Often, people confuse being well-read to mean reading a few bad books poorly. To be well-read, one must satisfy three criteria: 1) have read at least 100-150 books; 2) a substantial majority, if not all, of which ought to be ‘good’ — literature or non-fiction; 3) and they ought to ‘read well.’

The 7 step program for correctly classifying yourself as ‘well-read’ or not ‘well-read’

  • Only a few people (<< 1%) are well-read. Do you think you are in such elite company? And then again, do you want to be in the company of 'nerds' and 'geeks'?
  • Force yourself to list as many books that you have read in the past year (or life). If that number is less than 10, you may not be well-read. Apply this to specific areas as needed. For example, you may ask yourself whether you are well read in political science.
  • Alternately, think hard about how many books you bought or checked out from the library last year. If you haven’t spent more than $100 on books in the past year, and/or haven’t checked out more than 10 books from the library, you are unlikely to be well-read.
  • If you catch yourself citing one book repeatedly, whenever the topic of books comes up during conversations, you are unlikely to be well-read. In the US, it is typically The Catcher in the Rye, though that may be changing — Harry Potter, Dan Brown, Twilight series, etc. may be the new ‘go to’ books. For a colleague of mine, it is White Noise. In some circles, it may be some Malcolm Gladwell or Thomas Friedman book.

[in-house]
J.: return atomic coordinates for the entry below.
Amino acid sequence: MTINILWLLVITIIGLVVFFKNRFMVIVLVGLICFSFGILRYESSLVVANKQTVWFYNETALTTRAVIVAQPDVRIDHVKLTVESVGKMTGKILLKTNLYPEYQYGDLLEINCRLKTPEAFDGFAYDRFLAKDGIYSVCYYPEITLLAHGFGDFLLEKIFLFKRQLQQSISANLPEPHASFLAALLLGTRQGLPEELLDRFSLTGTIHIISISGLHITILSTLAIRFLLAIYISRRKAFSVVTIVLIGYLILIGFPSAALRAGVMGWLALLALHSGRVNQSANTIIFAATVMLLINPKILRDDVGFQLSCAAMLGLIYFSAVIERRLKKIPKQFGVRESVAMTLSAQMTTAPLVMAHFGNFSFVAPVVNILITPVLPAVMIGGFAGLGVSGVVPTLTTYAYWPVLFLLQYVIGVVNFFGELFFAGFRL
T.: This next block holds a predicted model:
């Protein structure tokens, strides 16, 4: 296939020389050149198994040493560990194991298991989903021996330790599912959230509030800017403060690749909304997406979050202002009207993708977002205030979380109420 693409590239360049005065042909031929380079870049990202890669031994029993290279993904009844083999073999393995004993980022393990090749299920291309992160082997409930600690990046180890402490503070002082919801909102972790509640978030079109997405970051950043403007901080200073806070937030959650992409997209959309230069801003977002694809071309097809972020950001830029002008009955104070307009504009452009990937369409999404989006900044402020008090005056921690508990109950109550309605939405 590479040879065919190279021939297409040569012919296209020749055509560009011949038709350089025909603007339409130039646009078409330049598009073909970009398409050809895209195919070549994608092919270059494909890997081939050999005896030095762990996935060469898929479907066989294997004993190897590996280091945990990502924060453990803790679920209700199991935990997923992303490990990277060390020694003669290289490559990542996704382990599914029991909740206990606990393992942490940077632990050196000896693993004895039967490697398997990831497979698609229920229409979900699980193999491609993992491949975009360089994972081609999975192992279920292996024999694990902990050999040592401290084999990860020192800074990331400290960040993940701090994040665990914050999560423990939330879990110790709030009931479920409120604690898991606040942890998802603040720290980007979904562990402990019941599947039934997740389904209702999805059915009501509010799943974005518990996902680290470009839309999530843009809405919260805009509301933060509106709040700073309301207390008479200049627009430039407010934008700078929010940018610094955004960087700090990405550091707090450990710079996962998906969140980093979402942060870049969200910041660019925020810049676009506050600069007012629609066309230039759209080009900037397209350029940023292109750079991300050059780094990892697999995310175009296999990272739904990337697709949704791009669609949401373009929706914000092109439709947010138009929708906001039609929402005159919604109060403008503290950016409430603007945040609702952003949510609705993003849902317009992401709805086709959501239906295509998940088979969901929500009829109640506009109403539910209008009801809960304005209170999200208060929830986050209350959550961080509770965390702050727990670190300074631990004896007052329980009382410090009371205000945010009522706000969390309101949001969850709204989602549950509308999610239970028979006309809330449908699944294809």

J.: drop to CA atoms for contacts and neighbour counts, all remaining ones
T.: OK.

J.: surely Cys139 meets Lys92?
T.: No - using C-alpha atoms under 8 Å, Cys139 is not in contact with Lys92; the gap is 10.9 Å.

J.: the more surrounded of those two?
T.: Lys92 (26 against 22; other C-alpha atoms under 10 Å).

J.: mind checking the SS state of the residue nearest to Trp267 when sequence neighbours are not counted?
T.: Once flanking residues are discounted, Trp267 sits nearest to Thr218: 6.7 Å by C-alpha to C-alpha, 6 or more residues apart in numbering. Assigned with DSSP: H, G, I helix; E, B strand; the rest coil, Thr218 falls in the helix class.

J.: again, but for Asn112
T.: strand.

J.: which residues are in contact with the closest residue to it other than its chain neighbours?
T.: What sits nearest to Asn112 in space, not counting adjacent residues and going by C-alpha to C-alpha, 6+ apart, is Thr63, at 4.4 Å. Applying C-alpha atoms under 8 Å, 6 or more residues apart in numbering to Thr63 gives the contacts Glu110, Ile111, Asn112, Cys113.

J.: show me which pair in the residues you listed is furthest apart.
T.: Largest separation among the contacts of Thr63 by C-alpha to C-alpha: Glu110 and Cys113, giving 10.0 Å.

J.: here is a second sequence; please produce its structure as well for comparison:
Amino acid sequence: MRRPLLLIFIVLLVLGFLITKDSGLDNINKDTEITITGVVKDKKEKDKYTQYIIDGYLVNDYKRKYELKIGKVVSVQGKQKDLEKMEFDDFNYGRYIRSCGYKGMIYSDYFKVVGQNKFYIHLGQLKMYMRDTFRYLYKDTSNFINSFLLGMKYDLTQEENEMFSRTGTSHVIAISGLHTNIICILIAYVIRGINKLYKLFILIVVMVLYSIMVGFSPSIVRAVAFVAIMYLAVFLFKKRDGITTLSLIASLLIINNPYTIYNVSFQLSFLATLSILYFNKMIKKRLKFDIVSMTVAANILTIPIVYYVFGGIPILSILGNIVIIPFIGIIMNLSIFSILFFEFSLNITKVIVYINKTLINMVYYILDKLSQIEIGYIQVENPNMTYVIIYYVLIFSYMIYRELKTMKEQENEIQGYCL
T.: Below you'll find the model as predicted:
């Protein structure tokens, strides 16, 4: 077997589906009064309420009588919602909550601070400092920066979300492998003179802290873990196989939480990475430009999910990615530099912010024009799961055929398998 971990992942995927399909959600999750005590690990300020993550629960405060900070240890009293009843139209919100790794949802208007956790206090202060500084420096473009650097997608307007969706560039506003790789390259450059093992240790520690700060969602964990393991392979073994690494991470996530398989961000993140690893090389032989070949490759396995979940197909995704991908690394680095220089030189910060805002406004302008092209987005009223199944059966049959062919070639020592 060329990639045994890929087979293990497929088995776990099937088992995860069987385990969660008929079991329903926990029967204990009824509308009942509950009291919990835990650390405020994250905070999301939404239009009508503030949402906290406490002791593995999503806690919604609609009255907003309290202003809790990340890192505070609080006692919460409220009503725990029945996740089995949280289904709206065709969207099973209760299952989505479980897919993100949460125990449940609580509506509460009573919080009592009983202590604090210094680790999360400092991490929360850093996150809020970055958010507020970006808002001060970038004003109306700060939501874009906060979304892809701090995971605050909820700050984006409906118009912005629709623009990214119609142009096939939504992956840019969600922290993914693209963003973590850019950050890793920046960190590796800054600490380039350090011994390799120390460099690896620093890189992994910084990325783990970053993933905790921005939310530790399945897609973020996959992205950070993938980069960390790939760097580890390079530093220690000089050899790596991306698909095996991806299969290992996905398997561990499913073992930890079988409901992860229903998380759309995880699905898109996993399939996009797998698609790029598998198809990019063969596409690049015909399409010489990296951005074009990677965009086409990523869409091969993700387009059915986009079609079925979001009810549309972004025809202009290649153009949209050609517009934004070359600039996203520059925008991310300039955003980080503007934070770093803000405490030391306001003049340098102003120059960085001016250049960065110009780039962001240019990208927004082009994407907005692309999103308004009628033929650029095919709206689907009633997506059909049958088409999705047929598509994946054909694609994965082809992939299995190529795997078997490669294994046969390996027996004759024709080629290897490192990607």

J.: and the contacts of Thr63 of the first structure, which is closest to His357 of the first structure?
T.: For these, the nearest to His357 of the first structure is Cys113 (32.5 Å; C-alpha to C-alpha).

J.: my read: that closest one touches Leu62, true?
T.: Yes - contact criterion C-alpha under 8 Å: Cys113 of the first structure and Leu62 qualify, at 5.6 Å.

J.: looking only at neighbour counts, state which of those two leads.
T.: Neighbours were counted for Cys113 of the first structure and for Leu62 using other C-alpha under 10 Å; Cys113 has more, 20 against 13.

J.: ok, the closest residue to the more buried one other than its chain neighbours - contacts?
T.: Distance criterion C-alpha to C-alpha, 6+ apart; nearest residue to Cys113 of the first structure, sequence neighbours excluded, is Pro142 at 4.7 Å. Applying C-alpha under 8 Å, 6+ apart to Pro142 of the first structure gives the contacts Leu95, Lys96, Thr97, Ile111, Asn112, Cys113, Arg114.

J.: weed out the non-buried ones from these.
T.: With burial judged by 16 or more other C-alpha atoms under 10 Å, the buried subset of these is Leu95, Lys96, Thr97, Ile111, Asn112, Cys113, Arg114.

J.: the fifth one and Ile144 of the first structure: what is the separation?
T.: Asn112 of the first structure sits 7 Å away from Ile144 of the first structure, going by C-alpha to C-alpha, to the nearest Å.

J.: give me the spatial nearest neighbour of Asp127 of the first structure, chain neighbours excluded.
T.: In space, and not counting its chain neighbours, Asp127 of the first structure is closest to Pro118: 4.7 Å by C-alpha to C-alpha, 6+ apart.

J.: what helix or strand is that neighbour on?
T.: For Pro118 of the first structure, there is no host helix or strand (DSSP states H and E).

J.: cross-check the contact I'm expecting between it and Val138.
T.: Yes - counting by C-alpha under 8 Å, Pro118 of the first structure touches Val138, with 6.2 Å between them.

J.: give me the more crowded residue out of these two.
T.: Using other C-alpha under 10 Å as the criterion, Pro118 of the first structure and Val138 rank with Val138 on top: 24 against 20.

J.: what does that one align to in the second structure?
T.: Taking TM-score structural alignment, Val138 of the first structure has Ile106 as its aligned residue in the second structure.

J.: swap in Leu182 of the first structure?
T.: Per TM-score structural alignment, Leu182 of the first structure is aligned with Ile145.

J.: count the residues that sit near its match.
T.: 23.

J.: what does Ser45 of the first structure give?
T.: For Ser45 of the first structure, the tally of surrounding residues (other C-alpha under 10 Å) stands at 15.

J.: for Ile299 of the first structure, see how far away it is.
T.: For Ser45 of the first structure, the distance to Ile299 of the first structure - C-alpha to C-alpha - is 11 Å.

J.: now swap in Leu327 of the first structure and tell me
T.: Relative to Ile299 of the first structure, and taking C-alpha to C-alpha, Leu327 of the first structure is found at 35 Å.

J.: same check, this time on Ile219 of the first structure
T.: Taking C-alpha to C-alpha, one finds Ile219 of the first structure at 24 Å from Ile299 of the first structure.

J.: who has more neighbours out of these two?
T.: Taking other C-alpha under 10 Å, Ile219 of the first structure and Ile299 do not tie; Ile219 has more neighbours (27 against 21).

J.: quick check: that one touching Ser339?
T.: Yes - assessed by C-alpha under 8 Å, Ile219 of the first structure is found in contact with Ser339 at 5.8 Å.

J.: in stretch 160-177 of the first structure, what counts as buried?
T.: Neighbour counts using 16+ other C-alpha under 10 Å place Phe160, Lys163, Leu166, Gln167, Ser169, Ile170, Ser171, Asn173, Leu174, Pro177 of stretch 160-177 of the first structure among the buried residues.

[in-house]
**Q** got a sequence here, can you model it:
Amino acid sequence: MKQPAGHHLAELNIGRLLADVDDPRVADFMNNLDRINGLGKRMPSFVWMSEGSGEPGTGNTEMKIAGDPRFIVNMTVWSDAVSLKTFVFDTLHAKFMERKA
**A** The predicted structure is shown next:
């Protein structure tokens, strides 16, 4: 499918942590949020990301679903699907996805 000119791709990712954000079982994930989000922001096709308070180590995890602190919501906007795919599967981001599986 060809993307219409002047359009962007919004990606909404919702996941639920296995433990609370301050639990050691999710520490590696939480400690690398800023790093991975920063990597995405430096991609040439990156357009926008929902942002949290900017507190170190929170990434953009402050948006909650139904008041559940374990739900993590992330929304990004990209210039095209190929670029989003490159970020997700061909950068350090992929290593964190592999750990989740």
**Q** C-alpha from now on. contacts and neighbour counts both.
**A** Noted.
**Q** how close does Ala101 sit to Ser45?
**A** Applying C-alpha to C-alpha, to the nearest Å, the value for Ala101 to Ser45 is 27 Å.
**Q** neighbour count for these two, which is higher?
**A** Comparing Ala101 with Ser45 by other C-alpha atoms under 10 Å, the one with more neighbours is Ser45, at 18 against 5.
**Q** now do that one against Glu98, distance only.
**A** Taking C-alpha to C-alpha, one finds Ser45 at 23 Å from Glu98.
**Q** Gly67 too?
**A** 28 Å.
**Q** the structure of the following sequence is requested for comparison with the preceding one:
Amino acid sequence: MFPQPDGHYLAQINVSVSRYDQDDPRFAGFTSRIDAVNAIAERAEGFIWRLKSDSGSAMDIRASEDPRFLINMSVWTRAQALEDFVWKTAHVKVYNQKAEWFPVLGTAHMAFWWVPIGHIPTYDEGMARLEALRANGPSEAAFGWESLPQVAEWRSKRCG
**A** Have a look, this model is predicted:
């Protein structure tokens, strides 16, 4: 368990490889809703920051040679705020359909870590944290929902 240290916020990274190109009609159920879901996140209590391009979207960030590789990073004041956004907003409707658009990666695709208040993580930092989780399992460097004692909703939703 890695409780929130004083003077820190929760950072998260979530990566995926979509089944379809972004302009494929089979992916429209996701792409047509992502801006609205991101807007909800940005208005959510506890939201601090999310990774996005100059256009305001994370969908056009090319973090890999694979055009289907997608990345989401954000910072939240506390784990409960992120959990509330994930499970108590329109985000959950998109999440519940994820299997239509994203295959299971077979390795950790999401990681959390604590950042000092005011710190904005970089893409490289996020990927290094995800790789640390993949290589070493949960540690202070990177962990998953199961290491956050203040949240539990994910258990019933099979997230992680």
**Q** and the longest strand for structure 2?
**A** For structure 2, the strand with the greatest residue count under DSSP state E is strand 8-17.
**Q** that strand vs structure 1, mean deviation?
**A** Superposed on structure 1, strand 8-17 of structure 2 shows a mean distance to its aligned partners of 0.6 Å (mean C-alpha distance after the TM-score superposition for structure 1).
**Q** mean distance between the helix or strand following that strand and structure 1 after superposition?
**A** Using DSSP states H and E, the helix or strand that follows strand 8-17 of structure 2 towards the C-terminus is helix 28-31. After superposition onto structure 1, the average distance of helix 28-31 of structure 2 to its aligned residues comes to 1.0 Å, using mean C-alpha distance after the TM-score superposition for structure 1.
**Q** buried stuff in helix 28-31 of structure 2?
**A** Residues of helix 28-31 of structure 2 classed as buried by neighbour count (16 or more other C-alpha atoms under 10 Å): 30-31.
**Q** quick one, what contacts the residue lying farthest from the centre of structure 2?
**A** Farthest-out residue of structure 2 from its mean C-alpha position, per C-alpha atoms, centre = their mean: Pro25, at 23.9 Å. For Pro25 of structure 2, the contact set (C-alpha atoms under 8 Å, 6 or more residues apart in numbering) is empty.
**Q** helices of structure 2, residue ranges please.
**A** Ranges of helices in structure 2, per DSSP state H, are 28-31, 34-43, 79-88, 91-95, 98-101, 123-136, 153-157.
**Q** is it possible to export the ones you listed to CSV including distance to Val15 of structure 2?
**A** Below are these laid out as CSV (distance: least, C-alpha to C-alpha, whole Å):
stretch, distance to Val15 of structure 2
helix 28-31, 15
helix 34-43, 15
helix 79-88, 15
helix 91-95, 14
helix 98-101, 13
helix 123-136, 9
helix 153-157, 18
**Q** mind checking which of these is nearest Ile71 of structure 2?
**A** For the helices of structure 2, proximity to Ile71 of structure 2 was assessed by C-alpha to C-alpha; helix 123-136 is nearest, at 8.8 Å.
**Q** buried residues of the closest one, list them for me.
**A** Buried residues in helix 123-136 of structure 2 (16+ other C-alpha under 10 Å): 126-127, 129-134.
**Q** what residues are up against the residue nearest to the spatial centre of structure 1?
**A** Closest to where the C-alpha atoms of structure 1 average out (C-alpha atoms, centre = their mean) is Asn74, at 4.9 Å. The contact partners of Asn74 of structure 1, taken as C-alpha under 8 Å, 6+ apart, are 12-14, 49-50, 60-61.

• Relatedly, if Harry Potter, Blink, Atlas Shrugged, Catcher in the Rye, etc., are among your favorite books, it is unlikely that you are well-read.
  • If you are younger than 21 (or typically 25), you couldn’t have read much. There are few exceptions. They help make the rule.
  • Count the books you own. If you don’t own more than 50 books, you are unlikely to have read much.

An Appetizing Question: Why Don’t We Read Nutrition Labels?

24 Feb